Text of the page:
An­i­mal in­spi­ra­tion Dirk Wales

DIRK WALES

Pasatiempo - - NEWS - — Paul Wei­de­man

“We cre­ated A Lucky Dog. We took it to a pub­lisher, and they said, ‘No, no, no. This isn’t what we want. We’re look­ing for some­thing else.’ Well, what they wanted was to do a book ex­actly like the last one they pub­lished but with a dif­fer­ent ti­tle and jacket cover. Now they all wish they’d said yes when we’re at 40,000 copies of this book.”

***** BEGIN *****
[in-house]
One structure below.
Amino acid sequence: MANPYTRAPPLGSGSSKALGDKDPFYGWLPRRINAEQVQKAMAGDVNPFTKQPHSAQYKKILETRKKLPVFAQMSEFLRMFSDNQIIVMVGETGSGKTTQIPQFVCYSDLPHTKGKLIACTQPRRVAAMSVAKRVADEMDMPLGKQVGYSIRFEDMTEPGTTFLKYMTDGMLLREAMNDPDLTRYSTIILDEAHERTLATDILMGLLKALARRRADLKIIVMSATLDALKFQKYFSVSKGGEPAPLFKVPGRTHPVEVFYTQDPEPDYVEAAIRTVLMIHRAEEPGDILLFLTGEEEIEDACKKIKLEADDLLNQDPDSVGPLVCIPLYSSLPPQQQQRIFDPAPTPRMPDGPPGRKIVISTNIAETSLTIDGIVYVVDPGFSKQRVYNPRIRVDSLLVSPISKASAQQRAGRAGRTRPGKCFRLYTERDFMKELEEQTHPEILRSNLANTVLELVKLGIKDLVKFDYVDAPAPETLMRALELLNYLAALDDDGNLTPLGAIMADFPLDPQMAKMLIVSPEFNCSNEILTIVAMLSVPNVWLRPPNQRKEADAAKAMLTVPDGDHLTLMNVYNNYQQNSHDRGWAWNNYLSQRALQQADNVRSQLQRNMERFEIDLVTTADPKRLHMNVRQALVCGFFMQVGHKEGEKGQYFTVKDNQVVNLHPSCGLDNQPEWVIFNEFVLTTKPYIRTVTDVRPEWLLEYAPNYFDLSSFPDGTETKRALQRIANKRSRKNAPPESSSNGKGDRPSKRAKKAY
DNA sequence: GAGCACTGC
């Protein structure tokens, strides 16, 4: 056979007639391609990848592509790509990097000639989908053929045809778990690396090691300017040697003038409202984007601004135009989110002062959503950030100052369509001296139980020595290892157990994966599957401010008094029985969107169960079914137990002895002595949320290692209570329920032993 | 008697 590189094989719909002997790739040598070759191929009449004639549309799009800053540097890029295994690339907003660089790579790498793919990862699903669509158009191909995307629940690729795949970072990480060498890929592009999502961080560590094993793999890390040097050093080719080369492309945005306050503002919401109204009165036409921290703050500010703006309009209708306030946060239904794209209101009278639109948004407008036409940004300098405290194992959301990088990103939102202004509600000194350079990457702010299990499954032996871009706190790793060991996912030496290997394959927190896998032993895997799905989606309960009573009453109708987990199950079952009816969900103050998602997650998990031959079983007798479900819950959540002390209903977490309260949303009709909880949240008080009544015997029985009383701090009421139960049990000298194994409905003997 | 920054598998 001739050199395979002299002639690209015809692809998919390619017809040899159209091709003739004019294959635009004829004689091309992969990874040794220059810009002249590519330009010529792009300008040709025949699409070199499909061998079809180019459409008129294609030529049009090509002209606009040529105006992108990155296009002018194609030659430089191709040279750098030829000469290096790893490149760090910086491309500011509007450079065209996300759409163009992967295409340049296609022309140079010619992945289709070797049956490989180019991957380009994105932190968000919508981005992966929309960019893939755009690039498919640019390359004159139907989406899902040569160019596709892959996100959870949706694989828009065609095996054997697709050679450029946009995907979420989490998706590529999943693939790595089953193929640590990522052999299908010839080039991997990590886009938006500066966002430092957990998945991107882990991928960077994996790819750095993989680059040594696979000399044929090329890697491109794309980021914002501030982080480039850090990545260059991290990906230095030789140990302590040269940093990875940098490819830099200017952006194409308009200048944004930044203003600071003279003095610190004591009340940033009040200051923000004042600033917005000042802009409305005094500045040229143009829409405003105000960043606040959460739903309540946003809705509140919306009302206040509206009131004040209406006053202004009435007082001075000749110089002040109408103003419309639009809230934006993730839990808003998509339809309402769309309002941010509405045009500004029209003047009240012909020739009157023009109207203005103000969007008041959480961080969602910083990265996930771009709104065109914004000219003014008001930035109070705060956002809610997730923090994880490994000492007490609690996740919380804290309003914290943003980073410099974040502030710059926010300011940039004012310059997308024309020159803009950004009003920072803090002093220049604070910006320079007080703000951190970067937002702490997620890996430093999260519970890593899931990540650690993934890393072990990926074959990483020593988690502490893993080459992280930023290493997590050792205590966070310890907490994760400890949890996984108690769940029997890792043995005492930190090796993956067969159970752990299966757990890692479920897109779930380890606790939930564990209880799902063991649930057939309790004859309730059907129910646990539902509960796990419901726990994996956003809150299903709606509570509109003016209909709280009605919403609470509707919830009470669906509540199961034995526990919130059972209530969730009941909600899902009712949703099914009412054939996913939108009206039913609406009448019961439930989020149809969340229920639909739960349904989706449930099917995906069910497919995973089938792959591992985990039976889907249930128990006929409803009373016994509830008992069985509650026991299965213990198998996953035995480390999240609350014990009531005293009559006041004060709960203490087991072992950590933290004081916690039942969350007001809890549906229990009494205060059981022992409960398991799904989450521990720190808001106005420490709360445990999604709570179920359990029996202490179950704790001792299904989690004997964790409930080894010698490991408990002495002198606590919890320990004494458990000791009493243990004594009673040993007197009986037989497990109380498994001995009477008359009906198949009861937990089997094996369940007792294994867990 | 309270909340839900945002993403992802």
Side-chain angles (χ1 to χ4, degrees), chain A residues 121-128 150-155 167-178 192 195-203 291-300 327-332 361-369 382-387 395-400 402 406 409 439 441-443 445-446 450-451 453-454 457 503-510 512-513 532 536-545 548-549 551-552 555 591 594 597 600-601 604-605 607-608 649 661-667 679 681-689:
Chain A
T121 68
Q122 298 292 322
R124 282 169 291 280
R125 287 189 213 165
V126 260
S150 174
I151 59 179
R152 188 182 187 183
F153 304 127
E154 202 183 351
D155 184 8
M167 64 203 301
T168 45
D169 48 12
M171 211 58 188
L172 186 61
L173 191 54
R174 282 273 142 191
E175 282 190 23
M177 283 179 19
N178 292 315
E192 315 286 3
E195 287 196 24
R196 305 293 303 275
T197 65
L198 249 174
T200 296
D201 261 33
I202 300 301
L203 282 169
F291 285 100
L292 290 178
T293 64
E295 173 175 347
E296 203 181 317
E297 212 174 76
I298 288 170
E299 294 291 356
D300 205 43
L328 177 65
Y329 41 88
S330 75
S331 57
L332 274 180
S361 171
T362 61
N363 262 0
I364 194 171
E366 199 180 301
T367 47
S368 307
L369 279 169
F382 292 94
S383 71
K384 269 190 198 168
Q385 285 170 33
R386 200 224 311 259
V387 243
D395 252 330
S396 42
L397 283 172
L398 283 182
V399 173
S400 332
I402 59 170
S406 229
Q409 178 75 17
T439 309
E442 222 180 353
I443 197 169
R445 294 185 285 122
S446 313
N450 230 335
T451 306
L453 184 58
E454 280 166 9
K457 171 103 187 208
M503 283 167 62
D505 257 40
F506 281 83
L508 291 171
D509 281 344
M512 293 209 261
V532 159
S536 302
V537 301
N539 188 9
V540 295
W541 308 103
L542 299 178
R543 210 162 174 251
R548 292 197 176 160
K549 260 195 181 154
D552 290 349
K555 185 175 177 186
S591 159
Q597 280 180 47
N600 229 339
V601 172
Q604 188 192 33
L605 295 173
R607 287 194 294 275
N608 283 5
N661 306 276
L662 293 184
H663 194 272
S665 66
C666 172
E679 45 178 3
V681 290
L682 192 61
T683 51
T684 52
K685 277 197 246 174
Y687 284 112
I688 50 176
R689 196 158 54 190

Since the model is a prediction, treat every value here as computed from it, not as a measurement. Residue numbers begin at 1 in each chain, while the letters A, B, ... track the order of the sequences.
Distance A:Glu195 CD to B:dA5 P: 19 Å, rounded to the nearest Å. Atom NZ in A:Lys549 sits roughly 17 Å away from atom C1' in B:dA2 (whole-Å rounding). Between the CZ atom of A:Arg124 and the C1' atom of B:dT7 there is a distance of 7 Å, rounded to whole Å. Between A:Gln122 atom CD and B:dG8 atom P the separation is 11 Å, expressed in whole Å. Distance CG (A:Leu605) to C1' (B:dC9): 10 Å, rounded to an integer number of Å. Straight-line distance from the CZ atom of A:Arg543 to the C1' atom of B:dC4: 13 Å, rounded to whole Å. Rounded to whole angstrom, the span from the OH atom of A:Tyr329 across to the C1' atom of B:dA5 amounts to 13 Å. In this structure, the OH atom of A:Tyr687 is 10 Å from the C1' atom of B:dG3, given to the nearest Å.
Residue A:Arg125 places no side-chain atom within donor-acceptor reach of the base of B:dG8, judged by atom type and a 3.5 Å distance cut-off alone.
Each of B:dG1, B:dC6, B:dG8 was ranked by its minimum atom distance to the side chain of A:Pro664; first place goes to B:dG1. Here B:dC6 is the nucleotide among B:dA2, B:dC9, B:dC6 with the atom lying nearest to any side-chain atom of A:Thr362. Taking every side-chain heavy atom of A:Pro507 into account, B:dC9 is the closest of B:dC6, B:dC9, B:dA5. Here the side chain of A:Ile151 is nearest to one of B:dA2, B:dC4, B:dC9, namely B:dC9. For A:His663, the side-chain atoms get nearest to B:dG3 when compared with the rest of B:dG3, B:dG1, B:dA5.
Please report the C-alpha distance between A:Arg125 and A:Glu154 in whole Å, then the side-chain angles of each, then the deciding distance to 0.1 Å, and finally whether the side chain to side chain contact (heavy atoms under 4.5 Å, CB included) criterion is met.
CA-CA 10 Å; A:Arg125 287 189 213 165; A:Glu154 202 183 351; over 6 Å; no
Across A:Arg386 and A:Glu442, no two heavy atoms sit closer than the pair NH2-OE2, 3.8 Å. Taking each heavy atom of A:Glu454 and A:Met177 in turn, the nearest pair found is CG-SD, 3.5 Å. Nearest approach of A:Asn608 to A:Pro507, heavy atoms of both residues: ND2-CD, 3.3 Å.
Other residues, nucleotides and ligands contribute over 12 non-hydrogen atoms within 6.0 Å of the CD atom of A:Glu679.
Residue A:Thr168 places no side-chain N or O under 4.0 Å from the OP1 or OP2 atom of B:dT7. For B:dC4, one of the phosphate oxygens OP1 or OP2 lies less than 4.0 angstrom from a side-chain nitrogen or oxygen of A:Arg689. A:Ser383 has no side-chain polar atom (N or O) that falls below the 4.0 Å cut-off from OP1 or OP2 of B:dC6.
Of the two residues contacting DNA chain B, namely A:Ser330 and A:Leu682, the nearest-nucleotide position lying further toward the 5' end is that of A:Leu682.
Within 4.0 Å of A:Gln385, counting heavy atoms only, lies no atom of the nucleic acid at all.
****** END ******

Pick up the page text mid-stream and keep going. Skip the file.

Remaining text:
If Dirk Wales’ long ex­pe­ri­ence in the sub­ject of anes­the­sia is dis­cernible in books like The Gi­raffe Who Walked to Paris and Jack Lon­don’s Dog, it is deeply hid­den. The au­thor of th­ese and sev­eral other chil­dren’s books, Wales made more than 70 films about anes­the­sia ear­lier in his ca­reer. “I’ve had a very eclec­tic life,” the Chicago-born writer said dur­ing an in­ter­view at his Canyon Road home. When he was nine­teen, he waited on Frankie Laine, Nat King Cole, and Ron­ald Rea­gan and Jane Wy­man while work­ing as a carhop at the Dolores Drive-In in Los An­ge­les. He went on to at­tend the Univer­sity of Cal­i­for­nia. “The only col­lege I could af­ford was UCLA. Tu­ition was $18 a se­mes­ter. I owe my life to that education. It’s a dis­ci­pline, it’s a point of view, it’s an at­ti­tude, it’s ev­ery­thing.”